As an architecture office that’s focused on building, any project that doesn’t get continued all the way to the end is regarded as an aborted effort or failure. Those efforts can be highly productive in generating a particular type of knowledge that you can only get by doing a project. Yet if you don’t autonomize that knowledge, you can never capitalize on it. So AMO started because we wanted to find a way to, first of all, autonomize that knowledge, and see whether that knowledge could see the light of day in a form other than a building. To give the intellectual dimension of the office an economic dimension was a very important consideration. Way back, we had this Stichting Groszstadt in the Netherlands, which was a non-profit foundation that deliberately cultivated an intellectual dimension of architecture almost exclusively through public sector funding. These subsidies dried up throughout the 1990s and onto the 2000s in the context of the market economy. So we knew we would have to fend for ourselves, that we would have to properly market our knowledge as an economic entity in order to continuously fund that dimension of the office. Each project became a kind of continuous fundraising project for itself. Secondly, a lot of clients came to us, particularly at the turn of the millennium, with questions rather than briefs for a building. Even when they did come with a brief for a building, it was not necessarily the building that was an answer to their problems.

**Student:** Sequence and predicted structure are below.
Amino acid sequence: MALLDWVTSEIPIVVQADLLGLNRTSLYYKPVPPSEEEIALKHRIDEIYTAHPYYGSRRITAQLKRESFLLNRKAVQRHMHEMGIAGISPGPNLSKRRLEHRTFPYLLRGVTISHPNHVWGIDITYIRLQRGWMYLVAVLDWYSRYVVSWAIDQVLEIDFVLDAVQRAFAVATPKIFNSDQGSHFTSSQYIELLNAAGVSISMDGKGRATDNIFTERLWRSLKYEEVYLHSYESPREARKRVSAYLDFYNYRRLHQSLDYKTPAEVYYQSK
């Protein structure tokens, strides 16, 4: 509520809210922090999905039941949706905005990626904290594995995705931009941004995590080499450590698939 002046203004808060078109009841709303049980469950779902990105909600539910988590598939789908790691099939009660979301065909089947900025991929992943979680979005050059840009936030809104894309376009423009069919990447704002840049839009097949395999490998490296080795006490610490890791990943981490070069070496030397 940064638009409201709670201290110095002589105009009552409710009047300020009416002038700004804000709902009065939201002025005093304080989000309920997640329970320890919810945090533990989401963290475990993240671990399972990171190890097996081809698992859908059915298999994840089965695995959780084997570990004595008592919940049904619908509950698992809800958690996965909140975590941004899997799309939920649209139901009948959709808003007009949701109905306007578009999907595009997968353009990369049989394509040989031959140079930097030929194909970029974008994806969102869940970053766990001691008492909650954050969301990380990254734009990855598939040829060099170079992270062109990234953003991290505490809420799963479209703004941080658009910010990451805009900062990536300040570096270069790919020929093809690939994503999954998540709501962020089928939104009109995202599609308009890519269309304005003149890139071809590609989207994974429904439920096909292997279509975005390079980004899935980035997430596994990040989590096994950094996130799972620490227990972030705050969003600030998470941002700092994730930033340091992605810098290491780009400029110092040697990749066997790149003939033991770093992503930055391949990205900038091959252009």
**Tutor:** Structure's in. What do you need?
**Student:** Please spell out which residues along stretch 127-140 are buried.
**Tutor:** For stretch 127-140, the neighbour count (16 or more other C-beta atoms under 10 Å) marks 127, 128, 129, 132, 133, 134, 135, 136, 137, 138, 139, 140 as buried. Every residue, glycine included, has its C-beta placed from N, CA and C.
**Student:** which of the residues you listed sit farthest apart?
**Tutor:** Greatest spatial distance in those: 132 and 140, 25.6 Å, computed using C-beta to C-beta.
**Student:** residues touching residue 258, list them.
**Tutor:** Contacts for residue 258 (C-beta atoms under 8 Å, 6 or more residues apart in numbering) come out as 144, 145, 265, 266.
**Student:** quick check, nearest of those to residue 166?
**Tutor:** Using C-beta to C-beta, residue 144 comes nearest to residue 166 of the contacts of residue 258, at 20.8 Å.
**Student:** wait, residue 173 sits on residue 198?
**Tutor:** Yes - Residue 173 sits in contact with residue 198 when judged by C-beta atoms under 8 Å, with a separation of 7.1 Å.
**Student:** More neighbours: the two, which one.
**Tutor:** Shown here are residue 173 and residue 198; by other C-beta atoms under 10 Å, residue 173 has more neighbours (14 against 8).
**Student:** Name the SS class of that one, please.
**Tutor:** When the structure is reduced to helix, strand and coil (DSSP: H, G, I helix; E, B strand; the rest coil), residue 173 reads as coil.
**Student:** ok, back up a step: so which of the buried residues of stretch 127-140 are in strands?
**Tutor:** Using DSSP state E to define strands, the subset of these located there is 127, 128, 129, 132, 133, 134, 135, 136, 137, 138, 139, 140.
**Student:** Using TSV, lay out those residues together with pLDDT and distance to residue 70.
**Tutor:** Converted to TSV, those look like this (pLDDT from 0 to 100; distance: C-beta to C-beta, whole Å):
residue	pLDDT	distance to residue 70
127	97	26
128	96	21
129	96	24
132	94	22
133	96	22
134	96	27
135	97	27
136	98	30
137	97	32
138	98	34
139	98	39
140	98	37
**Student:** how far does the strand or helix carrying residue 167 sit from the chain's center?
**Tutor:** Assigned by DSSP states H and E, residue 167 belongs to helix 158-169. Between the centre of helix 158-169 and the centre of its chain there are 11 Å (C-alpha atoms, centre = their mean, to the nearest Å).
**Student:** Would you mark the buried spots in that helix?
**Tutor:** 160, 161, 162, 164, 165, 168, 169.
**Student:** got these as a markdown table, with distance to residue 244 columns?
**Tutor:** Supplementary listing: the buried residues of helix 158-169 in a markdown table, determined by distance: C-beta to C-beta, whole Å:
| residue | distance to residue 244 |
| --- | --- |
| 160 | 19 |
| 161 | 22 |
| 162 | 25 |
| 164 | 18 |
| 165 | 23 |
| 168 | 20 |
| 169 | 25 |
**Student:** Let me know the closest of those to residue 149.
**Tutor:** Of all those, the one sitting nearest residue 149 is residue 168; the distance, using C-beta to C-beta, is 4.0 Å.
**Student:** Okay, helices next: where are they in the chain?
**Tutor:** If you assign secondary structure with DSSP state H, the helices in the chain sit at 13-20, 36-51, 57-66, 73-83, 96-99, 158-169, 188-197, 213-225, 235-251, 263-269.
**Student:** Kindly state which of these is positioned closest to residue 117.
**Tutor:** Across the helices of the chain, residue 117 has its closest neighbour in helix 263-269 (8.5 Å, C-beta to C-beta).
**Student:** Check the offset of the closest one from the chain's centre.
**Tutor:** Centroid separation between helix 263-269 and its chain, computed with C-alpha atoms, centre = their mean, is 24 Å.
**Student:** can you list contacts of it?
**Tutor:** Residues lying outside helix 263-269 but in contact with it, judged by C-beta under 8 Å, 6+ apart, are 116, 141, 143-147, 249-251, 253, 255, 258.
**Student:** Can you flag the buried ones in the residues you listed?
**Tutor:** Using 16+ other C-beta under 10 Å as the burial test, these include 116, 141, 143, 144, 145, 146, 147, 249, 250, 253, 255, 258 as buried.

• Agricultura digital: en el futuro cultivaremos nuestros propios alimentos en casa : One – Vodafone
    • Desde Open Agriculture han creado plataformas de cultivo escalables (desde unos pocos metros cuadrados a superficies mucho mayores) en las que se es posible emular gracias a la tecnología cualquier clima, registrarlo y posteriormente grabarlo en una receta digital para compartirla. De esta forma, las plantas pueden ser cultivadas en cualquier lugar y conservan todas sus propiedades. El objetivo es conseguir un sistema sostenible, limpio y que, además, reduzca la cantidad de alimentos que se desperdician en el planeta. Harper cree que en el futuro sus plataformas “estarán repartidas por toda la ciudad, cubriendo un 30% o un 40% de la dieta”.

     

  • Epistemological Attack! (on the city)
    • “Can contemporary architectural research learn anything from the military principle of incitatory operations?” asked Eyal Weizman in Volume #16: Engineering Society. Today, almost a decade later, with military operations taking place in the five continents and radical groups increasingly gaining power, Weizman’s inquiry still feels relevant. What can architects and urbanists ‘learn’ from the current sociomilitary scenarios across the globe? Can they be a source of knowledge to provoke the city, disarm it, and in doing so reveal its systems and secrets?

     

  • Elisa Strozyk Turns Wood Into Fabric
    • She imbues wood with living properties and turns it to a flexible fabric with unpredictable movements, changing its color and texture. It’s an astonishing use of this traditional material to create new forms and experiences.

     

  • Progresismo, post-laborismo y Estados Unidos de Europa
    • (…) dos ideas fuerza: la primera la construcción de un post-laborismo, entendido como una apuesta por crear, aquí y ahora, (…), nuevos mecanismos redistributivos y de cohesión social desde la centralidad del trabajo: sistemas mutuales, cooperativas, redes de «educación productiva» (…).

    En segundo lugar, un «programa progresista» tendría una dimensión política, (…)la reducción de la jornada de trabajo como alternativa al nacionalismo inigualitario implícito en la renta básica universal, el devolucionismo frente al creciente poder de los monopolios de la propiedad intelectual (farmaceuticas, tecnológicas y telecos, conglomerados multimedia, etc.) y en Europa, el avance hacia una verdadera Constitución.